March 28 (Bloomberg) -- Zambia’s central bank raised its benchmark interest rate for a second meeting to a record high to stem a slide in the currency and tame inflation.
The Monetary Policy Committee increased the key lending rate to 12 percent from 10.25 percent, the Lusaka-based central bank said in an e-mailed statement today. Last month the MPC increased the rate by half a percentage point.
“It’s certainly a big increase” that will probably arrest the kwacha’s fall in the near term, Shilan Shah, an economist at Capital Economics in London, said by phone. “You might see a bit of a rally in response.”
Zambian consumer prices are rising after the government curbed subsidies on corn and fuel last year, while a weakening currency has made imports more costly. The kwacha has declined 11 percent against the dollar this year, ranking it as the worst performer in Africa after Ghana’s cedi.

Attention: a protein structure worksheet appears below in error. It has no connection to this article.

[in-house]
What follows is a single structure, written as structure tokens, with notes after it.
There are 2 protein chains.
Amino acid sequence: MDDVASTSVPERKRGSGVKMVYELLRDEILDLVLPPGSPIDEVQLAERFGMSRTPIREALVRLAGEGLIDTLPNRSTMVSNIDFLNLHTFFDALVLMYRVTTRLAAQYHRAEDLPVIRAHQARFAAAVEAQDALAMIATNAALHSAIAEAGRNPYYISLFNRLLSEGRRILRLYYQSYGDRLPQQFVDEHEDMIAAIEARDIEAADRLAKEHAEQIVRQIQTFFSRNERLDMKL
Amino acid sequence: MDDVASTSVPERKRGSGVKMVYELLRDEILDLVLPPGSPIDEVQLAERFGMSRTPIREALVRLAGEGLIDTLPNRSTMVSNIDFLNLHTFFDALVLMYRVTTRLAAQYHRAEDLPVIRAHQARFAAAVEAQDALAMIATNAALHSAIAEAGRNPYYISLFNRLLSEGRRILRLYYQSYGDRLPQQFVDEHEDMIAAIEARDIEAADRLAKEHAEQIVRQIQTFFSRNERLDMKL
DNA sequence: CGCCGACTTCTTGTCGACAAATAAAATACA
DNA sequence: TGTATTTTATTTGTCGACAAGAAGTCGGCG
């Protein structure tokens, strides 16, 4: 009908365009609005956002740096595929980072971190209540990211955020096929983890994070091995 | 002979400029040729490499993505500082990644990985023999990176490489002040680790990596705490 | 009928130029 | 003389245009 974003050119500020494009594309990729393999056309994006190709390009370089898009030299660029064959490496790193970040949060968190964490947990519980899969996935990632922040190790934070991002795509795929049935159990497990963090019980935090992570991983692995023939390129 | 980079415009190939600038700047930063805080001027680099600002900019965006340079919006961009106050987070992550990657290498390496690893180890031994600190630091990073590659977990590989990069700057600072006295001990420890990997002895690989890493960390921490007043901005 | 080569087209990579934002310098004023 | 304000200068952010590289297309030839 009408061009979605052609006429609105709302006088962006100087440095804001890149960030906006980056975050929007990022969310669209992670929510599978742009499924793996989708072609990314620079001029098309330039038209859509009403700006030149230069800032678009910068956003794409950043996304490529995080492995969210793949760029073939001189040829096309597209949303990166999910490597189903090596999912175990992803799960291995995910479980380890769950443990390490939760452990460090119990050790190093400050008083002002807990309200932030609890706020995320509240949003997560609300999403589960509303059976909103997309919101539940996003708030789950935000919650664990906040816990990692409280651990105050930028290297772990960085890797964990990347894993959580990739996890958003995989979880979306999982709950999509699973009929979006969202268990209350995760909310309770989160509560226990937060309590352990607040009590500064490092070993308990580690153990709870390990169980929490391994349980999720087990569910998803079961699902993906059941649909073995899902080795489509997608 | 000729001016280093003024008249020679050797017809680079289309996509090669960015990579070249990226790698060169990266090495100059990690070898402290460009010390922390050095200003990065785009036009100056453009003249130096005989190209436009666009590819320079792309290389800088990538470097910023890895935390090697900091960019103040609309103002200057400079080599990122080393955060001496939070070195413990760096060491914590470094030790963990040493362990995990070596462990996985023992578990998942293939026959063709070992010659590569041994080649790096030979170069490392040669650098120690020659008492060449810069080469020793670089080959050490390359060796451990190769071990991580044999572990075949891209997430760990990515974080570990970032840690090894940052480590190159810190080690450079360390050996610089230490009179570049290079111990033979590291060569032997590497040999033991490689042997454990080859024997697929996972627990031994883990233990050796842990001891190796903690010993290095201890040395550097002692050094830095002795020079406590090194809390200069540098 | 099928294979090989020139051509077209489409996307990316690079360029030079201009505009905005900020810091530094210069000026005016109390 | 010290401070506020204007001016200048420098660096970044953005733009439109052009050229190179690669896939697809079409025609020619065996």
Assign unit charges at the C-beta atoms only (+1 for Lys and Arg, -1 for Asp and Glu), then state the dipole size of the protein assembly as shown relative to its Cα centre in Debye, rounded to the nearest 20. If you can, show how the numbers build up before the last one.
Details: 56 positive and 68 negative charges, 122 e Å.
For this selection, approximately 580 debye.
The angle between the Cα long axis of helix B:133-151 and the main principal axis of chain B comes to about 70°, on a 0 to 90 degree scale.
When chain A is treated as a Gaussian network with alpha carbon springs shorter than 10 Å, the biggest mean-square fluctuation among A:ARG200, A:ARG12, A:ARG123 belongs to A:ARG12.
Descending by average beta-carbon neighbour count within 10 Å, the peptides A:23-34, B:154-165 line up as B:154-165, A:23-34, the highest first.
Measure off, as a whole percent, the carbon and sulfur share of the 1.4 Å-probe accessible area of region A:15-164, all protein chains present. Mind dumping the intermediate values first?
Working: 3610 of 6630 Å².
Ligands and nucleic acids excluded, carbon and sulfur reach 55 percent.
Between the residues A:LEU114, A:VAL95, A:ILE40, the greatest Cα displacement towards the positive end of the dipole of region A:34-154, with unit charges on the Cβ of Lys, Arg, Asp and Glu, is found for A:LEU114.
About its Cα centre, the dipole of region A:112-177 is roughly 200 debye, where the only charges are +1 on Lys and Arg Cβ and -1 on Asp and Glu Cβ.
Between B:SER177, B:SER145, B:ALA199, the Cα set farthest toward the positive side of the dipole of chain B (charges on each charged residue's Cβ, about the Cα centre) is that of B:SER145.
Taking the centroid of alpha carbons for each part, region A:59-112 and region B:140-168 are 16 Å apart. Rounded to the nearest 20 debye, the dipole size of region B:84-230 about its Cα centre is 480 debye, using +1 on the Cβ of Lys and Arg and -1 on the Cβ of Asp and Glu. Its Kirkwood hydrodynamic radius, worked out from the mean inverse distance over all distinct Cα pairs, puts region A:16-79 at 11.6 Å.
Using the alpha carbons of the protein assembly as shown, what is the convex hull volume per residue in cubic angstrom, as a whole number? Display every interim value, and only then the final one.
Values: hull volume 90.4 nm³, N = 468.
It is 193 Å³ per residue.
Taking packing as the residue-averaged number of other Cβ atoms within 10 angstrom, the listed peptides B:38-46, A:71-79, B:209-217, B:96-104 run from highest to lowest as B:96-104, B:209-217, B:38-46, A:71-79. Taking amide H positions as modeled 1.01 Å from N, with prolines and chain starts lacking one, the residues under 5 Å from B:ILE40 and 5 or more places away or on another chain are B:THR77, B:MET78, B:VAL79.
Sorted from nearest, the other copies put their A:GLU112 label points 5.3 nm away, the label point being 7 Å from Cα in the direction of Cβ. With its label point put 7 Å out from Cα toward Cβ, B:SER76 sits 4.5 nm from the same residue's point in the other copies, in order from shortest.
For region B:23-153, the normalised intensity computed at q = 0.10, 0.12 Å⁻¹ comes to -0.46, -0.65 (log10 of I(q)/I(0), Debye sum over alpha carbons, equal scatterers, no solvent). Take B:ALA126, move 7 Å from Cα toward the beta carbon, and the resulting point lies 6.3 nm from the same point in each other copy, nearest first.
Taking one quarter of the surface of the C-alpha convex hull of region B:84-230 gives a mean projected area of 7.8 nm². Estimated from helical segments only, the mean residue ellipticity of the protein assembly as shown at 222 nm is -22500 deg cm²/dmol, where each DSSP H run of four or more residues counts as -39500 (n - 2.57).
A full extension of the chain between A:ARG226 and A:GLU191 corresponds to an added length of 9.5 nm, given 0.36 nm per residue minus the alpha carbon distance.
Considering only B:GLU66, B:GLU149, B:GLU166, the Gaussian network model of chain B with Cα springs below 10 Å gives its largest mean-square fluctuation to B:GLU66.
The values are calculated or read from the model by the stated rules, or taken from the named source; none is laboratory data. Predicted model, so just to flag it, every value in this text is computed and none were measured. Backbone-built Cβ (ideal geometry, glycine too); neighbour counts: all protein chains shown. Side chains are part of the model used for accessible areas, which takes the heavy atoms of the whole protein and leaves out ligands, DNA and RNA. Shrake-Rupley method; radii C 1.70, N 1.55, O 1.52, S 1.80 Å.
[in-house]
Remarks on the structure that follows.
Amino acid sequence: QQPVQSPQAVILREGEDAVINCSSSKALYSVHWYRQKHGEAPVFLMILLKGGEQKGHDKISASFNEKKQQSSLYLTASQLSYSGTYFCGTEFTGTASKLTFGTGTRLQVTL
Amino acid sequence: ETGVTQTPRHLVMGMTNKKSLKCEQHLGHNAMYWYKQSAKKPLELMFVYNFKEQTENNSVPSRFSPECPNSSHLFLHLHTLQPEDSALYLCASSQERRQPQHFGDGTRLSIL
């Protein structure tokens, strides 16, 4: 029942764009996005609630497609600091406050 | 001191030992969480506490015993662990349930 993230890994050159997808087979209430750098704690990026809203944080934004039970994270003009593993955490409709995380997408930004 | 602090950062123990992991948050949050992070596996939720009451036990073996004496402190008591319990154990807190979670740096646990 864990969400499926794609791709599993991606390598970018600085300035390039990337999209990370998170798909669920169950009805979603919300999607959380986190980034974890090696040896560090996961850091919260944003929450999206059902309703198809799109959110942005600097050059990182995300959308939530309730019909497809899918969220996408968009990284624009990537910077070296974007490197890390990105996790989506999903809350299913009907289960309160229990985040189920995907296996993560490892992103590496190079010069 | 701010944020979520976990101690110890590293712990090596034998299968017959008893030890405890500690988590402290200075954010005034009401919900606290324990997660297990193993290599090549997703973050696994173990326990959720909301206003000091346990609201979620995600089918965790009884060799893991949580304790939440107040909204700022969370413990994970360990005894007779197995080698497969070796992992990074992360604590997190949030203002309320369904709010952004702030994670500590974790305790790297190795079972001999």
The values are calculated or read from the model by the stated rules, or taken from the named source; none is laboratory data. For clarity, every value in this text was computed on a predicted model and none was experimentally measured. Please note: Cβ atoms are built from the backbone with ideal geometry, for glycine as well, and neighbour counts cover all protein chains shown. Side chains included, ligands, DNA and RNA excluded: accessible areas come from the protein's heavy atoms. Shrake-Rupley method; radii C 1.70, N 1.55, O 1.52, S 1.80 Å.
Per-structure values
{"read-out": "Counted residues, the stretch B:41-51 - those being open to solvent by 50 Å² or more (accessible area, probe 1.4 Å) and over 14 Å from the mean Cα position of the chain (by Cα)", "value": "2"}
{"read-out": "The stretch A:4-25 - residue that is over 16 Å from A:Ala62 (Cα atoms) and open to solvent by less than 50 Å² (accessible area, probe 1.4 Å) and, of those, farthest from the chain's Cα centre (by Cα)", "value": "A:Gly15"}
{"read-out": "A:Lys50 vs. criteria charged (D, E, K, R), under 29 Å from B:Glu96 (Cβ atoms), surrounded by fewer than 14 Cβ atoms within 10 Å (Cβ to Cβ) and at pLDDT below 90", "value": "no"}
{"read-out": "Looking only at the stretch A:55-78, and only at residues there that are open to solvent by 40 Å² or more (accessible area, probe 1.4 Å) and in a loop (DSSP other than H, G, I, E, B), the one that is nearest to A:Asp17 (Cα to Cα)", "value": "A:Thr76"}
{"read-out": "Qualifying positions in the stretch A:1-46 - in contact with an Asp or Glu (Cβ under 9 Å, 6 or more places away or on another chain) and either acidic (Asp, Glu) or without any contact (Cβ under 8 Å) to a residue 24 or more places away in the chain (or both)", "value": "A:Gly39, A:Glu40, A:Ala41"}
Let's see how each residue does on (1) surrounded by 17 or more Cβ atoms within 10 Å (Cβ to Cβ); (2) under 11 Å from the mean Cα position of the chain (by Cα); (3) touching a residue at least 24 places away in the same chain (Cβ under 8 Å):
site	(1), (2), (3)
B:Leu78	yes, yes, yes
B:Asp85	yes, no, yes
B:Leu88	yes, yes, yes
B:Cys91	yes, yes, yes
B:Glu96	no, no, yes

“Risks to inflation are generally on the upside,” the Bank of Zambia said today. “It is expected that the pass-through effects from the depreciation of the exchange rate will impact on inflation.”
The rate increase may lead to slower growth in the economy, Shah said. It will probably only support the kwacha in the short term, because the government’s fiscal policy “remains far too loose” and will continue to undermine the currency, Shah said.
Slower growth in China will also impact the economy of Africa’s second-biggest copper producer and put pressure on the kwacha, Shah said. The government and the central bank have been taking measures to try stem the slide in the currency as the country meets investors in the U.S. and London to sell its second Eurobond.
Finance Minister Alexander Chikwanda a week ago scrapped two laws restricting trade in foreign currency in a bid to support the kwacha. Inflation quickened for the fifth straight month to 7.7 percent in March, the highest since November 2011, the Lusaka-based Central Statistical Office said yesterday.
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